HMOs: L.A. Times Looks At ‘Quest for … Balance’
An editorial in today's Los Angeles Times says that last week's decision by a jury to award $1.75 million "to a veteran physician who said he had been fired for spending too much time and money on his patients (see CHL 4/7) is just the latest sign of a deep erosion in" the public trust between patients, employees and HMOs." According to the Times, "HMOs and state legislators should view the verdict as underscoring the need for sharper oversight of HMOs and better protection for both consumers and their physicians." The Times notes that while the HMO industry says the public's poor perception of managed care is due to the repetition of HMO horror stories, "this sort of anecdotal evidence would be a lot less important to the argument over HMOs if consumers had unfettered access to real data on the quality of their medical treatment." However, "HMOs do not allow existing data -- especially on outcomes of various treatments -- to be made public."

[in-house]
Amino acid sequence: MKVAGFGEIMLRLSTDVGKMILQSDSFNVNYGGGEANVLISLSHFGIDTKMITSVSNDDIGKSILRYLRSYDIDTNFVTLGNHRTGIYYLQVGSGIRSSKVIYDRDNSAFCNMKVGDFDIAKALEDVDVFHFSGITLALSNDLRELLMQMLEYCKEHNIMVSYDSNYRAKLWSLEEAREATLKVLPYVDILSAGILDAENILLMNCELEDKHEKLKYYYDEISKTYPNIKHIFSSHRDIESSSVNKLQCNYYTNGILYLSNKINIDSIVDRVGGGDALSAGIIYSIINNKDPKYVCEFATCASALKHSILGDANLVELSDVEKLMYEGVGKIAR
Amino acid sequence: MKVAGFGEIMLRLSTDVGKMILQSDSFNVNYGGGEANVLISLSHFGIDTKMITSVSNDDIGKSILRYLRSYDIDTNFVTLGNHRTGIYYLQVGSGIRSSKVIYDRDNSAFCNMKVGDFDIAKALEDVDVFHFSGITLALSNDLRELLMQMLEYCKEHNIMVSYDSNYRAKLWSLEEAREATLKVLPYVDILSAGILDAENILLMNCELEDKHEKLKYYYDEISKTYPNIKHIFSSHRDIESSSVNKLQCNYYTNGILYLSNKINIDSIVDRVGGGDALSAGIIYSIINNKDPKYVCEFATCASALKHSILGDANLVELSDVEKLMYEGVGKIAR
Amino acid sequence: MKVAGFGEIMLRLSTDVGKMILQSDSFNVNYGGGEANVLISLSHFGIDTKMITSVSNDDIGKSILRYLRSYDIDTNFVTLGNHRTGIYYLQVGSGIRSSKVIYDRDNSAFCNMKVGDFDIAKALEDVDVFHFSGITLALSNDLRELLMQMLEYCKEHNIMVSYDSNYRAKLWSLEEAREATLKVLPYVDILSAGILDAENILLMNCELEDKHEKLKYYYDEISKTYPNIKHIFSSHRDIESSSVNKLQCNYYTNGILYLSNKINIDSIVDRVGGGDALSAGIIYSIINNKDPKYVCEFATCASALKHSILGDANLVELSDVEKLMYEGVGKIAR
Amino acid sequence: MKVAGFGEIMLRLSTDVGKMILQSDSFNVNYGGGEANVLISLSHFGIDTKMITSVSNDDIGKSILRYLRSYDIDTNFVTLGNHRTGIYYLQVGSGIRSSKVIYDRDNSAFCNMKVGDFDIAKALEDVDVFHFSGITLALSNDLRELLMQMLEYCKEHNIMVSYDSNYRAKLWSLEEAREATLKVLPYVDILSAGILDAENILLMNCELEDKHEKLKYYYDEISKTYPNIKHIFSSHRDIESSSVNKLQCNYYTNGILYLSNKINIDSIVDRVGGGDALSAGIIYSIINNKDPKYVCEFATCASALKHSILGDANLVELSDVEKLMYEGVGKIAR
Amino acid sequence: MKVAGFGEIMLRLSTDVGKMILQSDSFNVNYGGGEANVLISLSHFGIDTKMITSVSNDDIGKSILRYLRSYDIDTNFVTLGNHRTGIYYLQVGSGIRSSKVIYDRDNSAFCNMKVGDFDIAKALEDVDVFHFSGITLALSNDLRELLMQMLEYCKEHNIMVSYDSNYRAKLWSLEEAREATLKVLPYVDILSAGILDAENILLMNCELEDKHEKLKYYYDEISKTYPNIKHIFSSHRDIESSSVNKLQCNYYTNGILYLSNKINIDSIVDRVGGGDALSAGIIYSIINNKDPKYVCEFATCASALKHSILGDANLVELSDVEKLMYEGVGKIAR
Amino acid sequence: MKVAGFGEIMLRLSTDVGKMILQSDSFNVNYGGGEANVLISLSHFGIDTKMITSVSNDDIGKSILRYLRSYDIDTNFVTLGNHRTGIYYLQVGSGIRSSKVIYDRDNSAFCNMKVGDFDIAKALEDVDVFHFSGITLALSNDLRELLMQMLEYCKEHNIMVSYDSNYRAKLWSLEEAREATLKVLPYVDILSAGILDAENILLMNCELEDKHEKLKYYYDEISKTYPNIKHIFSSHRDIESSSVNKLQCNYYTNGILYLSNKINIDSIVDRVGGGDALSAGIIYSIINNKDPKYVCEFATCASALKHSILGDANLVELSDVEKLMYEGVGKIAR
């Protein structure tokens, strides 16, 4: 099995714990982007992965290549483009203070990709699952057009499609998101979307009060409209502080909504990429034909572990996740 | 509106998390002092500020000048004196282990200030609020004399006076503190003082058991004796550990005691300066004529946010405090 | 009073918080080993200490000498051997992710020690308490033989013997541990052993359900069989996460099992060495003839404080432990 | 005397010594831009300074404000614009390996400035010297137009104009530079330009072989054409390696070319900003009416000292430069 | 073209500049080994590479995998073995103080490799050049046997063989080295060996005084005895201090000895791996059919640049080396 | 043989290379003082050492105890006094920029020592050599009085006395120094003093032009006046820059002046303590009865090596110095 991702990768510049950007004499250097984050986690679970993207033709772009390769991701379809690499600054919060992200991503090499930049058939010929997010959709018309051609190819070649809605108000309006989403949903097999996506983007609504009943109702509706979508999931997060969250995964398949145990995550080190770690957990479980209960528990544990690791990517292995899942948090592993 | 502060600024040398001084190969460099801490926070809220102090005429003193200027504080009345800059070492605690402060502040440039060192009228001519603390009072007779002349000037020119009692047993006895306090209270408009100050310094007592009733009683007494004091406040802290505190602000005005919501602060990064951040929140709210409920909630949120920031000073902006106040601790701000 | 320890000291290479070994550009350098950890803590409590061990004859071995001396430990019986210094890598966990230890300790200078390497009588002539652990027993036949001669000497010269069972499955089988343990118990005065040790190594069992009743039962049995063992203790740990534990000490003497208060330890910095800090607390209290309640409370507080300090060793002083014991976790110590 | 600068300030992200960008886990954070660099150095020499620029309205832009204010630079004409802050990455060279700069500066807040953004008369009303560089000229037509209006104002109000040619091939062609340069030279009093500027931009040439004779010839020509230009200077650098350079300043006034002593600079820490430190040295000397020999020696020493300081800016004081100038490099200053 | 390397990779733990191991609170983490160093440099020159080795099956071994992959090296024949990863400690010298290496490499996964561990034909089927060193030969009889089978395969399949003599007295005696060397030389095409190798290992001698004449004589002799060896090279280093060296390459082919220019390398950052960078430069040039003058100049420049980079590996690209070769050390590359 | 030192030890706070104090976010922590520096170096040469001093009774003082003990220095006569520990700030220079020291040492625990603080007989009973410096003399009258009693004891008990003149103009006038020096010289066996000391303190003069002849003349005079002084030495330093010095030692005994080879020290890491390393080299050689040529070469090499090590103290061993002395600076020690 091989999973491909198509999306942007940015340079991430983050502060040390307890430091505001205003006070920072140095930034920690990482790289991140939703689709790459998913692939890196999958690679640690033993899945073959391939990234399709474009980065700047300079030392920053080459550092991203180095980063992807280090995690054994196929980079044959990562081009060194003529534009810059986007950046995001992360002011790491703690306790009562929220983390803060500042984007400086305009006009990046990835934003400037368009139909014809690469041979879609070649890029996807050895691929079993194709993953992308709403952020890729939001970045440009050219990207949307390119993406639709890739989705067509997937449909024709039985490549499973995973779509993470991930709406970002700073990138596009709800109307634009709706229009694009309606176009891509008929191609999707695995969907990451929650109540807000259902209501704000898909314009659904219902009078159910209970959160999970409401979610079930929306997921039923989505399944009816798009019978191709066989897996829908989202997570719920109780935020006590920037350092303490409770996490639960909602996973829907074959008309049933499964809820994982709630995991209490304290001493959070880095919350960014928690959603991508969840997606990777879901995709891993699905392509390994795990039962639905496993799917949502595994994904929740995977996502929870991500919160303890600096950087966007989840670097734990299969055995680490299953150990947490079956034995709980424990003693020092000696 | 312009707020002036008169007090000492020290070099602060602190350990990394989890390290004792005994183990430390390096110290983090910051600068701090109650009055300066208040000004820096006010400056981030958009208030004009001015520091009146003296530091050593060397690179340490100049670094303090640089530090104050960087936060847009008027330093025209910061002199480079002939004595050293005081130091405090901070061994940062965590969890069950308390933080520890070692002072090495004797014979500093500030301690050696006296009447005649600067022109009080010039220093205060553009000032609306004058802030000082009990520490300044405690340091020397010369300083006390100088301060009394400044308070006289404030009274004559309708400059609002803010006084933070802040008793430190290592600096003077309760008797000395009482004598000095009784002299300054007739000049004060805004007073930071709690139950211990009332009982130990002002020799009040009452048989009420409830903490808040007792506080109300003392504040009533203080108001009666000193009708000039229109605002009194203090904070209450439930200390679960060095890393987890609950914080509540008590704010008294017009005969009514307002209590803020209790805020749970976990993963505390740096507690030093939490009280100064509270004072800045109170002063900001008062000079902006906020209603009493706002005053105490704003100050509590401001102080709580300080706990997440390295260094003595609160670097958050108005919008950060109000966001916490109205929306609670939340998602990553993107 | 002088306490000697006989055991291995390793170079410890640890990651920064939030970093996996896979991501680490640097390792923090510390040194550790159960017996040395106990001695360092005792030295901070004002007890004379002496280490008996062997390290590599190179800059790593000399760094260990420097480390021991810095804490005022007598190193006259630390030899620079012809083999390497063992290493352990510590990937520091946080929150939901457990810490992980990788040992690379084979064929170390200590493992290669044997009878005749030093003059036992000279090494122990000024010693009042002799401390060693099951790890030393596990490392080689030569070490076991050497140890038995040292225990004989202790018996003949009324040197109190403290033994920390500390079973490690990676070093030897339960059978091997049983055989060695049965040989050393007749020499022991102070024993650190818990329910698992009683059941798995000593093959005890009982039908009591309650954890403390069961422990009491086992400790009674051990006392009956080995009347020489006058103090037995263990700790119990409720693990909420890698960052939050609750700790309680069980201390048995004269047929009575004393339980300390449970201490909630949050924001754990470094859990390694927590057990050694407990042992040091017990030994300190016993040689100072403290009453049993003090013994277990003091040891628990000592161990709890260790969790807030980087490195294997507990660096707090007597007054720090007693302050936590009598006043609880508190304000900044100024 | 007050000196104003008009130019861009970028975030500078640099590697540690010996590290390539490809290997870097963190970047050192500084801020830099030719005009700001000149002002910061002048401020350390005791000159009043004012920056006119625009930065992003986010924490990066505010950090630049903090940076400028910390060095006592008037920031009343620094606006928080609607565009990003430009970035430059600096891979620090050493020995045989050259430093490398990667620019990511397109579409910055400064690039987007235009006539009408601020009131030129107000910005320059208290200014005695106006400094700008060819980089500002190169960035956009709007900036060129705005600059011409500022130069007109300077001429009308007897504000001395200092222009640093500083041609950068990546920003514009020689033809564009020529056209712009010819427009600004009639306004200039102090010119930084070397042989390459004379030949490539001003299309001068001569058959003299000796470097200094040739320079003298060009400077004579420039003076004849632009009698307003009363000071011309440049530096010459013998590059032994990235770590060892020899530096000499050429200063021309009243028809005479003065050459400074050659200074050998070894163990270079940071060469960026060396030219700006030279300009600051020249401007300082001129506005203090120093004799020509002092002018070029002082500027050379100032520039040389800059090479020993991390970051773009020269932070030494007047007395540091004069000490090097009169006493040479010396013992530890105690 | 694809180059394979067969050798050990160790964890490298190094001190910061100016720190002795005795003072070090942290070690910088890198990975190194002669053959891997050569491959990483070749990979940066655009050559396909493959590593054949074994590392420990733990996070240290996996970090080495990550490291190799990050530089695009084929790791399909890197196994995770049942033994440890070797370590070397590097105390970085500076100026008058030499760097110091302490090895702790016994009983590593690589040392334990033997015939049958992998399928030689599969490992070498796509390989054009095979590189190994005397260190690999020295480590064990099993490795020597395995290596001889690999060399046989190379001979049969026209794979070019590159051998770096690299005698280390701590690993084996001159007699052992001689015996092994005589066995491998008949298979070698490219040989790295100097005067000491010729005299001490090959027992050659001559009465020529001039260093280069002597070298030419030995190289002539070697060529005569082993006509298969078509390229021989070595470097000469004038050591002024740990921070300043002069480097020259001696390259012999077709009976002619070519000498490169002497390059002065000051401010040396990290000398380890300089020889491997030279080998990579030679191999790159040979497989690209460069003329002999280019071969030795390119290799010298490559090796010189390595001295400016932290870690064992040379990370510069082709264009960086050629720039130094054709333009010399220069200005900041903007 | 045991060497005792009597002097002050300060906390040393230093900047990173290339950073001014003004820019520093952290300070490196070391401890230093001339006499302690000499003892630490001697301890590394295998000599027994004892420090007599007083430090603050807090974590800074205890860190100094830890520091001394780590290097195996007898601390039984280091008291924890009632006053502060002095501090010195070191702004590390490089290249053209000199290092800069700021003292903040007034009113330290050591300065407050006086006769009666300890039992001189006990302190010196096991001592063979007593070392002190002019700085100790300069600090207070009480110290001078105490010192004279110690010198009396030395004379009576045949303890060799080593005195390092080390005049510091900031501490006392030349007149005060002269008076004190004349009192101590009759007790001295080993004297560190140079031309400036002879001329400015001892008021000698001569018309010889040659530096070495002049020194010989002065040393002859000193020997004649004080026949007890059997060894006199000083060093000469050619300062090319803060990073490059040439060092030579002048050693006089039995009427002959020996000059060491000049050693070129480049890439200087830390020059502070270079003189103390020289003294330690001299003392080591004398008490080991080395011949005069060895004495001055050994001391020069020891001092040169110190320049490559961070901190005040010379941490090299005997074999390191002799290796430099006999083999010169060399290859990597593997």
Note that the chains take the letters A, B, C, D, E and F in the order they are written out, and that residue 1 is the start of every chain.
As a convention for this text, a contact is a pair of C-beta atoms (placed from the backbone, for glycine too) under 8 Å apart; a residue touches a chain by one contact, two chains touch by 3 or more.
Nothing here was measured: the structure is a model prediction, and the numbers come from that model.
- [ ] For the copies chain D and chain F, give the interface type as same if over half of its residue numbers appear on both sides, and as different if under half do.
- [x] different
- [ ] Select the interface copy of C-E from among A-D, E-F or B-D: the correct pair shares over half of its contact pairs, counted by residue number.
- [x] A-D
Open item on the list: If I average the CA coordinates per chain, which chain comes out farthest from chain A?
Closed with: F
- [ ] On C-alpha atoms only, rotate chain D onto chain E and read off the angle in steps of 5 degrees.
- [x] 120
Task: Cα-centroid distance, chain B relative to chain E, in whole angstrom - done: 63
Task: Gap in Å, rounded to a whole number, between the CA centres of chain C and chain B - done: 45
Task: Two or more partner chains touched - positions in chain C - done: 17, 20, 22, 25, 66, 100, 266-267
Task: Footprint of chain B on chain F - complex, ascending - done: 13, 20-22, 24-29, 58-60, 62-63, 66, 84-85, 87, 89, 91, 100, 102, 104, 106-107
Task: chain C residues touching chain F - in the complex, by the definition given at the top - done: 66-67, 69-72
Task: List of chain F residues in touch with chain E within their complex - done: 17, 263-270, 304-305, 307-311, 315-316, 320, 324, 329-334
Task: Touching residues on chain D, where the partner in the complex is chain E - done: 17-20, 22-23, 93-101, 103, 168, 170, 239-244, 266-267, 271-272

The Times says "California state legislators could help restore public trust by mandating review boards to which patients could appeal if they were denied treatment recommended by their doctors." However, it says the HMO appeals measure approved Wednesday by the state Senate Insurance Committee is "precisely the wrong kind of review measure" because it would "allow the health plan to select the reviewer, exclude from review any treatment that costs less than $2,000, not require the HMOs to pay for treatments recommended by the reviewer and exclude Medi-Cal and Medicare recipients." Calling the bill "evasive and spineless," the Times says a better choice is a bill by state Sen. Herschel Rosenthal (D-Los Angeles) "that endorses a process closer to the 'unbiased, third-party review' recommended earlier this year by Gov. Pete Wilson's managed care task force" (see CHL 2/20). The Times concludes that "[a]n honest, independent review process would help protect doctors as well as patients" (4/16).